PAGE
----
2. E-mail Opens And Click-Throughs

A CRM is more than a repository of data. It’s also where a lot of communication happens between reps, their managers and of course their customers.

Many reps nurture their leads initially through drip campaigns, for example, where they offer a series of e-mail messages that increase a prospect’s interest in a product until they’re ready to have a buying conversation.

Study the CRM data about which of the e-mail messages in a drip campaign seemed to resonate the most with leads. There may be a different way to tell that story earlier in your marketing strategy, which could wind up helping you attract even more leads than before.

Other e-mail data in the CRM could help you identity niche segments within your audience and the kind of content they want most. You might spot certain common challenges or asks from a particular vertical market, for instance. This could lead to guides or webinars that increase your firm’s credibility with those buyers.

3. Customer Service Cases

Many companies achieve a superior customer experience by making sure their CRM includes data not only from sales but from agents who work on the front lines, supporting customers long after they’ve made a purchase.

These service cases might reveal the top mistakes customers make getting started with your products and services. Your move as a marketer is to develop content — such as a customer success tip sheet — that reduces the number of times those mistakes are made.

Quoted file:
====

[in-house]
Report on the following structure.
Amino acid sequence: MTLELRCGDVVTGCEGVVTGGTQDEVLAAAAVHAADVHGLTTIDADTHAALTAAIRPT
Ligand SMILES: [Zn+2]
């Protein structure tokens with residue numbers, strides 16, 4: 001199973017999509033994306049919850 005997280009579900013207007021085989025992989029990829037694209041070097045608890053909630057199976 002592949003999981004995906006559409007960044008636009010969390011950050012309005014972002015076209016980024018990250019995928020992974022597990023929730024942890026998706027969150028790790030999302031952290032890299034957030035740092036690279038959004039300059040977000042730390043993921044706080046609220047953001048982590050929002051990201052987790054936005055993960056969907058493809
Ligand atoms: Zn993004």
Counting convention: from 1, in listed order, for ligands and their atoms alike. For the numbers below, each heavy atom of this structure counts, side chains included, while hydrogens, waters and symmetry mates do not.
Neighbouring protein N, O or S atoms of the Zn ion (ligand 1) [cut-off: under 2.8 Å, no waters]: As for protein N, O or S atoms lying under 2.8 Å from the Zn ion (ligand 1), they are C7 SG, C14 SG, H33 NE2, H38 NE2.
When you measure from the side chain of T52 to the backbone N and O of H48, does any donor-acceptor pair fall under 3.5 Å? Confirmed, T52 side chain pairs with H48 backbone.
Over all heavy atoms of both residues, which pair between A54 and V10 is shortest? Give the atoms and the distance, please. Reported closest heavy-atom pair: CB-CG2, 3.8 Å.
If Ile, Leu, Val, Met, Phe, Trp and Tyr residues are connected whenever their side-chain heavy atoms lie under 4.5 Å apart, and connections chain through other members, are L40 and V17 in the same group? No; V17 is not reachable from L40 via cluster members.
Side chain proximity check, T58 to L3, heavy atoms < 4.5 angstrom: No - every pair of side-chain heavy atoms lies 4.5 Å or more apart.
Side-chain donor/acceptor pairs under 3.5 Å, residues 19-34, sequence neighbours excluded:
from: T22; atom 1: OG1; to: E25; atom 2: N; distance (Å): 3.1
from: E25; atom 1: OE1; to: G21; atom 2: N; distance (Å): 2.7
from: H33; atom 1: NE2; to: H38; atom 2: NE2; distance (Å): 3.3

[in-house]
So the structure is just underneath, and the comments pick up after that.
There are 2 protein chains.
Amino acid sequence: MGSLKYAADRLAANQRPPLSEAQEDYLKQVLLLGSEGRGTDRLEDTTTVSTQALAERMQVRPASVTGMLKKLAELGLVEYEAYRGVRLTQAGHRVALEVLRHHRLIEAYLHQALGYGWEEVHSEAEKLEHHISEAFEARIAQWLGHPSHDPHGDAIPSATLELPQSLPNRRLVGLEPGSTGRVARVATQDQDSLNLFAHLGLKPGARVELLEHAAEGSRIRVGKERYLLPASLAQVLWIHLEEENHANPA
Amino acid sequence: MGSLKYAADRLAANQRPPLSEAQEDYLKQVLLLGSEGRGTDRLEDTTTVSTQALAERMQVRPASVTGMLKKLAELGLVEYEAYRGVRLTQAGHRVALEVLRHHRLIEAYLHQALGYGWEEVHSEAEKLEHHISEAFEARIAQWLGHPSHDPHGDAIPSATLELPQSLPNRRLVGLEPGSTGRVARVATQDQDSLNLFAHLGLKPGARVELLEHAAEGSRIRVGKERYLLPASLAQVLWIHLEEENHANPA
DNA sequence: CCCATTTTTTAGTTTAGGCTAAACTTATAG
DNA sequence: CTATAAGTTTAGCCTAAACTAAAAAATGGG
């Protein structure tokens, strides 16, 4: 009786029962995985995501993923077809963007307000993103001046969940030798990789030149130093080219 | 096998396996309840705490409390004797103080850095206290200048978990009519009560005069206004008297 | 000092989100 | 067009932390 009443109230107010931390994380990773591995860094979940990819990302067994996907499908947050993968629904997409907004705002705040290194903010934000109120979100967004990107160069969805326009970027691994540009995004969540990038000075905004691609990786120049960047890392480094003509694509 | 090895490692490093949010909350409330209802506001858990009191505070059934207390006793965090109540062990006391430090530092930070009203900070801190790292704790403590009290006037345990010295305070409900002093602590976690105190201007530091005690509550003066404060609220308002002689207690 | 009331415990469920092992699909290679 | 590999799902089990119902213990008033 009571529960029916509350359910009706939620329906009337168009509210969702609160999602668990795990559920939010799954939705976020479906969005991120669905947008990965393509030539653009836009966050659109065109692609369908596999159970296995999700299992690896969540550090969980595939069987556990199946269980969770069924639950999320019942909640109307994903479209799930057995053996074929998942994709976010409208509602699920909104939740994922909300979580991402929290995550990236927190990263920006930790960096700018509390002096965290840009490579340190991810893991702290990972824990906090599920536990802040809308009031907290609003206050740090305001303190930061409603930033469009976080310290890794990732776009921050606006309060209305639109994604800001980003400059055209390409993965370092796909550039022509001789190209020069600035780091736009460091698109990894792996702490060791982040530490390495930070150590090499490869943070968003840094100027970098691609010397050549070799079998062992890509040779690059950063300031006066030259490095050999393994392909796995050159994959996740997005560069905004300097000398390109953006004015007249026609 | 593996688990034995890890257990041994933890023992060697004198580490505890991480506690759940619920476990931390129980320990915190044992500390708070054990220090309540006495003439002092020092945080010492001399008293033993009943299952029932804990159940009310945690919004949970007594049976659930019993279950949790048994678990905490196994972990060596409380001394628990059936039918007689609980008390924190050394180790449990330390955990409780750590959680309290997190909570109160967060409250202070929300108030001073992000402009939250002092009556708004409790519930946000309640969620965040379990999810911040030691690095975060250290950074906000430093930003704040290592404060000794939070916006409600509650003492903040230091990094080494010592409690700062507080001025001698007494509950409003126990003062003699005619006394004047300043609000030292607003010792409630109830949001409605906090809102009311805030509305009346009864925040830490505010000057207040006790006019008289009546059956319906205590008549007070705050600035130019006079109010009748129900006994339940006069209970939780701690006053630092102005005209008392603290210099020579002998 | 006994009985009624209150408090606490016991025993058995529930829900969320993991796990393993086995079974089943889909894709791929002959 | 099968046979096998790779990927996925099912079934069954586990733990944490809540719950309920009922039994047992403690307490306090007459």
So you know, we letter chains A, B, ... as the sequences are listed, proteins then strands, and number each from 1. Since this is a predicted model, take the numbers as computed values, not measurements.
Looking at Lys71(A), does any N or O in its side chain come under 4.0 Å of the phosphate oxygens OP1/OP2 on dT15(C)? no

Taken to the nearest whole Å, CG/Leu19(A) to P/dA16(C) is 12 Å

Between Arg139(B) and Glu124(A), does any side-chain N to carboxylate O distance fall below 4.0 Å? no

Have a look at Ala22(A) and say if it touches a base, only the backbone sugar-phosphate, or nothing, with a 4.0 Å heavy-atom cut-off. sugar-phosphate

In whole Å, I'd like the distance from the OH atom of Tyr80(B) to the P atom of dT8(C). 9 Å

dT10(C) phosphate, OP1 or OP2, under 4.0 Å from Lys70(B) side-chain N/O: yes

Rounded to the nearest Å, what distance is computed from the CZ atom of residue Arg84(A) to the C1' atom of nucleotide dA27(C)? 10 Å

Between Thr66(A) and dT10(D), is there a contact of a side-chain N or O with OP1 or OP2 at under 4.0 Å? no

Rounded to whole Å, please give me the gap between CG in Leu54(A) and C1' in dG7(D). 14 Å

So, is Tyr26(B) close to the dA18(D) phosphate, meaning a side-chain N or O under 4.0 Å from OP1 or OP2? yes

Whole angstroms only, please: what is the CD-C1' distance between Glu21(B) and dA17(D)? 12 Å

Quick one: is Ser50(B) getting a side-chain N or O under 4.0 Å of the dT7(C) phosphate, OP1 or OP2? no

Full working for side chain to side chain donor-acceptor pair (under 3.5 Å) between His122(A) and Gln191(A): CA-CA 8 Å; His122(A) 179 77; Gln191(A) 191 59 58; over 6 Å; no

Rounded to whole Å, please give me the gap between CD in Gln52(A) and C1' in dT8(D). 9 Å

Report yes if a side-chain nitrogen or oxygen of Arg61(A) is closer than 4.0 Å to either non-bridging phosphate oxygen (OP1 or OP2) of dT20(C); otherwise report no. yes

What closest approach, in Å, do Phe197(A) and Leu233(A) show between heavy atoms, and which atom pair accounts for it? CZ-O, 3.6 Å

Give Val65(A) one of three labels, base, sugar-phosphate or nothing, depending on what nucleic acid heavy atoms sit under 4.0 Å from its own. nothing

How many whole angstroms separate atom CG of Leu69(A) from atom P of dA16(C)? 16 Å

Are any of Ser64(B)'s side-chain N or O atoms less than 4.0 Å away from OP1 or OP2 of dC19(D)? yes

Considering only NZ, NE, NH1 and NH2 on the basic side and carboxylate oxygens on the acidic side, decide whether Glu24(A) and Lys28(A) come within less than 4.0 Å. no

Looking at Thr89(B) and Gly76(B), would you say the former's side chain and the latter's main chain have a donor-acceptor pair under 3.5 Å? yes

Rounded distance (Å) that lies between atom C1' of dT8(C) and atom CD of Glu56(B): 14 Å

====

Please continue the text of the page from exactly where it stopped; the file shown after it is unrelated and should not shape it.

Customer service cases can also detail instances where customers failed to understand your company policies, which could lead to edits on content you’ve already published to your web site.

On a deeper level, those cases may give you a greater insight into how customers perceive your brand and the value you provide. If the market does’t grasp your company’s positioning, it might be time to create content that does a better job of articulating your company’s mission and values across all your top marketing channels.

Final Thoughts

If you use your CRM data to create marketing content of any kind, make sure you don’t keep the process soiled within the marketing team. Share your process and how you discovered ideas with those in sales, customer service or the senior leadership team. This will help spur even greater adoption of your CRM (and therefore more data).

Also, don’t treat using your CRM to source content ideas as a once-and-done exercise. Make it a standard part of your process, whether it’s at the start of a new campaign or in the lead-up to the launch of a new product or service.

Finally, it’s not just the marketing team that needs to do all the searching for story ideas in the CRM! As more people on the team understand how you’re using this data, encourage sales reps, customer service agents or any other CRM users to pitch you, and collaborate with them on bringing the data to life.